SUDDENLY I FEEL LIKE REJOICING
First, let's start with one basic premise. We're not a "Christian Nation". Period. Never have been, never will be.
And in fact, for those who point to the faith of our founding fathers .. and I don't even like alliteration ... the stronger you claim it to have been, the stronger a case you're making for our not being a "Christian Nation". And from what I understand, some of them were deists, anyway ... people who believed in God only because knowledge ... like of the universe ... sort of mandated a creational being who started this all. That's a long way from knowing God, and in fact I don't suppose that approach would be insulting to a Muslim, come to think of it.
But on the evidential side, how many times is Jesus mentioned in the Constitution or the Bill of Rights? None, last time I counted. And there's not even a reference to God, other than a veiled reference in passing to "our creator", which I don't suppose would offend anybody.
Further, let's say we started an organization. In fact, let's make it a city. We bought up the land, had the streets laid down, put in all the utilities, picked out a name, and then set about doing all the legal junk. Articles of incorporation, etc etc, all the stuff we have to do.
Somewhere down the list after we'd incorporated the water department, arranged for police and fire protection, built us a city hall, and done the 1,001 other things we had to do, we'd set up come city ordinances. Let's say the first ordinance we established was that the city could not, under any circumstances, enact any ordinance or laws which mandated anything about what folks had to believe to live in this new city.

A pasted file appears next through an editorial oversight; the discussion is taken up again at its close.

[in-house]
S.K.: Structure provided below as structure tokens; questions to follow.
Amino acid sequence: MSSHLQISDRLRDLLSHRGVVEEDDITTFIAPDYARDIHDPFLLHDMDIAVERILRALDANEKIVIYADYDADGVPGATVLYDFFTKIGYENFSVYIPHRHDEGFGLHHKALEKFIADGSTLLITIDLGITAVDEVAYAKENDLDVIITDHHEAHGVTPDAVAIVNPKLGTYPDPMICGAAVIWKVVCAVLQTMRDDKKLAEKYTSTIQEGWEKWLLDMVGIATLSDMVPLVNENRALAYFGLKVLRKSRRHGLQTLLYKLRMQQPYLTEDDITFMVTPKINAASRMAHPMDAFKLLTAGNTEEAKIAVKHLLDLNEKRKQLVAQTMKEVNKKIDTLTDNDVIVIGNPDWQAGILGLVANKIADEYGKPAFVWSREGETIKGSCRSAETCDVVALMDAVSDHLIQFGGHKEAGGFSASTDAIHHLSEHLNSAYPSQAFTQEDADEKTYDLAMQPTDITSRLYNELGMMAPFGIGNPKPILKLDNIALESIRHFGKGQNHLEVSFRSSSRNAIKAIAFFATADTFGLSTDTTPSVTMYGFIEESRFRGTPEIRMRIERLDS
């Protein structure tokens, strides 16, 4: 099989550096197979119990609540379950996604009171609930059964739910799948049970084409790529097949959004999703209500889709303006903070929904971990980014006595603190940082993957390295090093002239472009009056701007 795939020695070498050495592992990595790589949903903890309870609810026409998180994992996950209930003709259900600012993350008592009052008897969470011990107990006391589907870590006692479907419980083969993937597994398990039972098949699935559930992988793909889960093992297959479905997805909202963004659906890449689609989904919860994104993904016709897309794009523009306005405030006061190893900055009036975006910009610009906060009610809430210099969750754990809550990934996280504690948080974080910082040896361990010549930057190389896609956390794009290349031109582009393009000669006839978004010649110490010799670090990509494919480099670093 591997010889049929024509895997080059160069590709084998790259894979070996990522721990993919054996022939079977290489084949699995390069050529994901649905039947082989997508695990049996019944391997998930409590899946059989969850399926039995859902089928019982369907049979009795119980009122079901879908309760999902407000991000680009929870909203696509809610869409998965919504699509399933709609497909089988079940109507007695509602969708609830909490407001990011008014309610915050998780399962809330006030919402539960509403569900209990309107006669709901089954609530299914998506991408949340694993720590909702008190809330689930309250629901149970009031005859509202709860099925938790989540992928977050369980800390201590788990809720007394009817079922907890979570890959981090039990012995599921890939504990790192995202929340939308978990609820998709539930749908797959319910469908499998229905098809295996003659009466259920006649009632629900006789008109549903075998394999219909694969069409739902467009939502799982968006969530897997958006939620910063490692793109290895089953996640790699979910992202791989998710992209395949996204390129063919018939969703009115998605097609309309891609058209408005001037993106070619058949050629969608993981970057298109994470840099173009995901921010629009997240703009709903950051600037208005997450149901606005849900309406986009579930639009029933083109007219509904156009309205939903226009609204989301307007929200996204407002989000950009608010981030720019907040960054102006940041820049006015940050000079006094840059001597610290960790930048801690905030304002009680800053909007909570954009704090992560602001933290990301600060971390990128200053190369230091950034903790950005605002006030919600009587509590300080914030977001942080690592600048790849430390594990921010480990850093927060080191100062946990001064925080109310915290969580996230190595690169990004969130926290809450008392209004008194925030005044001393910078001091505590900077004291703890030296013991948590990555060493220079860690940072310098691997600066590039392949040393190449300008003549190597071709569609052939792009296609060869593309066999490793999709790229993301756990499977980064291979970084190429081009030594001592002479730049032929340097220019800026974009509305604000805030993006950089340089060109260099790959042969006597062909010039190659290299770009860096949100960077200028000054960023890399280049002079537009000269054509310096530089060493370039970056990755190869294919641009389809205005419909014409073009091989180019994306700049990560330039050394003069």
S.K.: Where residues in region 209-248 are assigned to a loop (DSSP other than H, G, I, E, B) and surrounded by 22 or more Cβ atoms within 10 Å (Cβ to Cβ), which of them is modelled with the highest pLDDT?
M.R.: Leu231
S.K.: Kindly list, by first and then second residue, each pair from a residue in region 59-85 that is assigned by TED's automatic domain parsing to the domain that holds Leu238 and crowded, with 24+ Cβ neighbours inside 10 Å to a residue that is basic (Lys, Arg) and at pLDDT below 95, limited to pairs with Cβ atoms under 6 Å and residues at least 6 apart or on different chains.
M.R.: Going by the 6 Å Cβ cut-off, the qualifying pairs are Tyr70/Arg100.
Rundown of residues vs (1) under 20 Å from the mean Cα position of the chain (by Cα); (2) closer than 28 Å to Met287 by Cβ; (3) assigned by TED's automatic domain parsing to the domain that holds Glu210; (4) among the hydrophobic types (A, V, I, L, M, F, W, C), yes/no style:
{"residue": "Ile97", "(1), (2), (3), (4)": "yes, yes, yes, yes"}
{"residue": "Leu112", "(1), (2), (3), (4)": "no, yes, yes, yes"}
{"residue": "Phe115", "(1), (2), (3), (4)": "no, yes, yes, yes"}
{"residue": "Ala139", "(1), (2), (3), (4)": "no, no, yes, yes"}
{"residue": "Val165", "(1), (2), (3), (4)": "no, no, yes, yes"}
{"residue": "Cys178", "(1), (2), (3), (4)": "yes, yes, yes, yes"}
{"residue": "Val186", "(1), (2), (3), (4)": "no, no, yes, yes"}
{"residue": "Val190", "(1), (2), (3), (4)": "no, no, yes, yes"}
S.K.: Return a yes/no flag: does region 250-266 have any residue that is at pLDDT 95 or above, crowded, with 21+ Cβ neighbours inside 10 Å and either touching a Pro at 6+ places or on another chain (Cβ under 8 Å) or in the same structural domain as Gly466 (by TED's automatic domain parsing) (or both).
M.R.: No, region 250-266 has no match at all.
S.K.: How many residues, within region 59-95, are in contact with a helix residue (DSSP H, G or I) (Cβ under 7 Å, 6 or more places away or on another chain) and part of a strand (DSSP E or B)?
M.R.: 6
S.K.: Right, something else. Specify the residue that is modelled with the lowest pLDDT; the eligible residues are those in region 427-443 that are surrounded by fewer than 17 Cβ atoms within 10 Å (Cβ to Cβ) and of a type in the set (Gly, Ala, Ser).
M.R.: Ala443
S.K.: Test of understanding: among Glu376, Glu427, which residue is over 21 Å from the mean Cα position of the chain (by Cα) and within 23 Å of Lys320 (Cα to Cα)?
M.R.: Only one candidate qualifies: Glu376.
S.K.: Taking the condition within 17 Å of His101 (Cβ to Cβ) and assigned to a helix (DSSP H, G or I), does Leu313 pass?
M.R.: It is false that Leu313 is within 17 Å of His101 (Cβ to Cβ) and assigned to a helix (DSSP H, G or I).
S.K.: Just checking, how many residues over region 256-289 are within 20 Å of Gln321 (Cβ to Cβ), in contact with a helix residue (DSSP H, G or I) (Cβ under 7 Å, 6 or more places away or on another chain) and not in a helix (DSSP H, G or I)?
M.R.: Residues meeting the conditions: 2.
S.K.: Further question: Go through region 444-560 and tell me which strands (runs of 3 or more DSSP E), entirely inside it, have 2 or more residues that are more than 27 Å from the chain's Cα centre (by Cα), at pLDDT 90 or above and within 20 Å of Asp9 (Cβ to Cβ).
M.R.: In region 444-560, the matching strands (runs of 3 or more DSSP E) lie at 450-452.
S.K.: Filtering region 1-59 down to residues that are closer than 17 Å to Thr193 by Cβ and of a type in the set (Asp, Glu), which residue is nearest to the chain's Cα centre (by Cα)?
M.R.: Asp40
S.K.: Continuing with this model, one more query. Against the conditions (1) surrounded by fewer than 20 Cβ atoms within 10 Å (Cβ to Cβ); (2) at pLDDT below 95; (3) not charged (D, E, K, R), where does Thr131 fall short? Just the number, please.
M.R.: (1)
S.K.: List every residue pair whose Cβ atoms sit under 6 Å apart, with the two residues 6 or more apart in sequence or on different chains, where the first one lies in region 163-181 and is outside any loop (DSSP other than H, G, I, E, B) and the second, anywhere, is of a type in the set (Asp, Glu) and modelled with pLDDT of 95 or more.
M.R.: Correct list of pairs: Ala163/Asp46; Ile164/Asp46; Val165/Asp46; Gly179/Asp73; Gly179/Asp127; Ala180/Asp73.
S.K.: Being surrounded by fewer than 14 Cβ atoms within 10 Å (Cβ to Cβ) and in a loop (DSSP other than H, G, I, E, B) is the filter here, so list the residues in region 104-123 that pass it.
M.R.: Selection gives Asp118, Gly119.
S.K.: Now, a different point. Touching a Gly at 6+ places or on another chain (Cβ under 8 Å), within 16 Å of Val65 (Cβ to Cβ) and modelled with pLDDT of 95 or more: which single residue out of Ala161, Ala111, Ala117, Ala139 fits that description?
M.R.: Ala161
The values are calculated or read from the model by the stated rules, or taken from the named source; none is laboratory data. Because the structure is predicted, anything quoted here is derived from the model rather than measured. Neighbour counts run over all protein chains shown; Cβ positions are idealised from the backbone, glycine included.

Hands off faith. No touch religion. Stay clear of spiritual stuff.
Would you call that a "Christian City"?
No, and I wouldn't, either.
In fact, if it was known that I was a strong Christian, it would be screamingly obvious that I'd gone out of my way to ensure that this was INTENTIONALLY NOT a "Christian City".
And that is how the USA was set up.
Secondly, the Constitution and Bill of Rights does not define "marriage". It just doesn't. Oh, we sure wish it did, it'd make things a lot easier now, but there's simply no definition there.
Now, it's admittedly hard to imagine that the founding fathers envisioned a time when immorality would be so common, and homosexuality so accepted, that the issue of "same sex marriage" would ever come up, But it has, and the founders didn't put anything into those documents to rule it out.
If the standard is to allow for equal treatment for all citizens, under the Constitution, it's hard to imagine the SCOTUS ruling any way other than they way they did. In retirement, taxes, estate law, all that stuff, the advantage is to the married folks. And I don't think SCOTUS has the luxury of letting our traditions trump the written Constitution, any more than we Christians can let traditions overrule God's Word.
We're just going to have to stand on God's Word in our lives, individually as well as corporately in our churches, and refuse to do what God has bidden us not to do.
Will this be part of a "slippery slope" down which we slide toward more and more violations and/or confrontations with our faith? I'm not a prophet, but I'd be surprised if that didn't happen. And as good citizens, if we love our country, we ought to oppose such things. But reading the Bible, I certainly don't see where society will become better and better if man is just given his desires.
Quite the opposite.
Perhaps it is that the church in the USA "has it too easy". I mean, in a society that's really friendly toward the religious in its midst, it's awfully easy to slip into a routine religion in which church membership becomes less and less meaningful. And since membership in a Baptist Church in Jefferson County, Alabama, means there's a 67.18% chance you will not be in church next Sunday, I'd say that's pretty much where we've gotten.
Want to know where I've personally found people who are rock-solid in their faith, active in their assembly, and glad to tell anybody? How about downtown Brooklyn, New York. Where people come to faith from poverty, crime, drugs and the like. Or maybe Pskov, Russia. Bauska, Latvia, too. Places where the government used to be at war with the church.
They have a faith, there, that I wish we had, here.
If these really are the latter days, then it seems to me that God would be cleaning up the Bride of Christ for the Marriage of the Lamb.
I think that's it.
Perhaps the very thing we dread is the thing most needed by the church, today.
Suddenly I feel like rejoicing.